Diabetes causes the level of glucose, or sugar, in a person’s blood to become too high. Once you have diabetes, you have it for life, but it can be kept under control. In some patients with type 2 diabetes a healthy balanced diet and regular exercise may be sufficient. Many patients will also require medication and may need to do regular blood tests to help control the blood glucose levels, particularly if they need insulin injections as part of their treatment.
Normally, when the glucose from digested food enters the bloodstream, insulin is produced to help the body convert the sugar into energy. But, if you have diabetes the pancreas can’t produce enough insulin, or the insulin doesn’t work properly, and your body can’t turn the glucose into fuel for energy. Instead, glucose stays in the blood and builds up dangerously.
Type 1 diabetes is when your immune system wrongly thinks the cells in your pancreas which make insulin are actually a threat to your health … and attacks and destroys them. You’re not producing insulin any more to help glucose enter your cells and be used for energy. As glucose levels rise, your body breaks down its own fat and muscle. This can make you very unwell and dehydrated and without insulin you can die.
One in ten people with diabetes has Type 1. Usually it’s inherited and there is nothing you can do to avoid developing it. It’s more usual before the age of 40, especially in children and teenagers.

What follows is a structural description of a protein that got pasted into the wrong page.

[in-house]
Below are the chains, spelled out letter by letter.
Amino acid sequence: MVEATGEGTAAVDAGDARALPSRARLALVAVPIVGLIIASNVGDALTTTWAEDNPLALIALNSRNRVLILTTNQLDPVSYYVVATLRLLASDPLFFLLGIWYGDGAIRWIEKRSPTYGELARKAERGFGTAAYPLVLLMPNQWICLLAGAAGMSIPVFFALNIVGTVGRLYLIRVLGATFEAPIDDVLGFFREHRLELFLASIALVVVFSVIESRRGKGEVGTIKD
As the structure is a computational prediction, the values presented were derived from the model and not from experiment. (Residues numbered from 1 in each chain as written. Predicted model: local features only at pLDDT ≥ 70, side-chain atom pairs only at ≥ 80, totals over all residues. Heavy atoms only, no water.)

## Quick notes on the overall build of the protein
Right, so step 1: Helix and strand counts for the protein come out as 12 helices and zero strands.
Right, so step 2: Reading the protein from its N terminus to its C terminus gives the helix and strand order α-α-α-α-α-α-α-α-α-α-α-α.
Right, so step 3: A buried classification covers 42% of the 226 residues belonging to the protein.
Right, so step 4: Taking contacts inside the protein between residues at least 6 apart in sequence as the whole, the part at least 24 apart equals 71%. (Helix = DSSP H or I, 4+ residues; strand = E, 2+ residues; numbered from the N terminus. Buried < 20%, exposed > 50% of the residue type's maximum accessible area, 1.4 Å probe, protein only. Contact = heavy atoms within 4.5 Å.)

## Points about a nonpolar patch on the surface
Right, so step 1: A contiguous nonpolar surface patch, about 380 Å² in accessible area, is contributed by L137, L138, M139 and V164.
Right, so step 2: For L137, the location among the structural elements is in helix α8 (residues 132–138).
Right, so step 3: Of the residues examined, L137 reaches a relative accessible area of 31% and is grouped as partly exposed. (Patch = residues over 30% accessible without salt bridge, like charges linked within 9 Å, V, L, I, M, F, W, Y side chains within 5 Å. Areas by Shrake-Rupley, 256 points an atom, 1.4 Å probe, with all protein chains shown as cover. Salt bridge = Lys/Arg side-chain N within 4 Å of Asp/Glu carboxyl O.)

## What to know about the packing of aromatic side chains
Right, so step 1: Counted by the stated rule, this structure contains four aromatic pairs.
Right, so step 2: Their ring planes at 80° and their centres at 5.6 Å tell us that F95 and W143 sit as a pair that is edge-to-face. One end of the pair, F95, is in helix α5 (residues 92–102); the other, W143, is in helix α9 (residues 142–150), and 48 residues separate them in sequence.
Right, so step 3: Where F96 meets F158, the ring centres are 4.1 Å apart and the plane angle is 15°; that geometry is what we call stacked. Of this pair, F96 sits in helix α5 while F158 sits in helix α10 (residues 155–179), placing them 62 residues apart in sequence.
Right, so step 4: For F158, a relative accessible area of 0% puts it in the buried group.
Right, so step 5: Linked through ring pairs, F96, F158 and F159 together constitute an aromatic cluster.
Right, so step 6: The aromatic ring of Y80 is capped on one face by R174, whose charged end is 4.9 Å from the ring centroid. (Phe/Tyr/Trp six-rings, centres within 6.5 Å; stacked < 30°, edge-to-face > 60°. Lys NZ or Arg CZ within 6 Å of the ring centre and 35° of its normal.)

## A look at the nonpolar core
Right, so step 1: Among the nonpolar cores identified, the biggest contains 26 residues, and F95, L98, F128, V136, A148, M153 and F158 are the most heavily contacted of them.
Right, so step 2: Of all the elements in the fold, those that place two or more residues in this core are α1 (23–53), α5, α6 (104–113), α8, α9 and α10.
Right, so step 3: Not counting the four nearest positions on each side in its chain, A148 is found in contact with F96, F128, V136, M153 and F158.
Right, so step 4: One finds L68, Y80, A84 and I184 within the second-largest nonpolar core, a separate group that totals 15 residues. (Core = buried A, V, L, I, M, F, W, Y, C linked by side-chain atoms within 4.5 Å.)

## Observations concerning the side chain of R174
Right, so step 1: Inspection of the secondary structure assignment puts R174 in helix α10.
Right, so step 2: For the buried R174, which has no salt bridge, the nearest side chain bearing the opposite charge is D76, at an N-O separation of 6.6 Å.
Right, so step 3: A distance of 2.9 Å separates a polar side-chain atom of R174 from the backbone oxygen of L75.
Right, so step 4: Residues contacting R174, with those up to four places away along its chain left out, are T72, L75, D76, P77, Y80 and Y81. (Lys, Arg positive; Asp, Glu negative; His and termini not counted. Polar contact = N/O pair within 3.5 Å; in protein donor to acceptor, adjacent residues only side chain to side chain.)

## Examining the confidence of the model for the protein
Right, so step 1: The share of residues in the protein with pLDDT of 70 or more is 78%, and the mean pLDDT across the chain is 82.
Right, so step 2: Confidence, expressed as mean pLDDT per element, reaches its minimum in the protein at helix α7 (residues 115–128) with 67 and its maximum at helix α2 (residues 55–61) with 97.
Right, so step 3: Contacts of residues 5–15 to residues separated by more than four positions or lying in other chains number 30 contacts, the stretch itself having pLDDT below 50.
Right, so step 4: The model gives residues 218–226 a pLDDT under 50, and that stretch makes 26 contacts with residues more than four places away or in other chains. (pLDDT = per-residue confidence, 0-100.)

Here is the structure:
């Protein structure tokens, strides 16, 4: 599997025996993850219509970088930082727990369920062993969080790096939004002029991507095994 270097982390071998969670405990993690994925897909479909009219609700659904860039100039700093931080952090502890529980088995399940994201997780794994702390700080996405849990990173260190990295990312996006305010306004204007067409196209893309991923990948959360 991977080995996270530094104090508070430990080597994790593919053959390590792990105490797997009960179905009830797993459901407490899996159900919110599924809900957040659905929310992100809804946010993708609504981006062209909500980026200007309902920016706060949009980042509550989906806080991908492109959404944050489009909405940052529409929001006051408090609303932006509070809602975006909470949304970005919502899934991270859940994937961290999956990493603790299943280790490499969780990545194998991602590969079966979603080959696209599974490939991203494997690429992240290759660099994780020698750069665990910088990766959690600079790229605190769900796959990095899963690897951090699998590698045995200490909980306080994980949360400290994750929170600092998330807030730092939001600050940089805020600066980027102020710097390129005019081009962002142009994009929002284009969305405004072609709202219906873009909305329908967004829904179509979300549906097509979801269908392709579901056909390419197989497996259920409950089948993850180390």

The other 90 % of diabetes cases are Type 2, which is when your pancreas isn’t producing enough insulin, or the insulin just isn’t working properly. It’s more common in people over 40, or people of South Asian origin who are over 25. People of African-Caribbean and Middle Eastern origins are also more commonly affected. It also affects people who are overweight, and those who’ve had heart attacks and strokes.
For Type 2 diabetics, a change in diet and lifestyle can be enough to make things better, but it can be necessary to take medication.
It’s really important to get diabetes under control as soon as possible, and to follow the treatment carefully. Diabetes which is out of control can lead to heart disease or strokes, ulcerated and infected feet, blindness, nerve damage, or kidney disease.[clear-line]
These BSL clips were made by SignHealth with help and information from the NHS. There is more information at www.nhs.uk/conditions/diabetes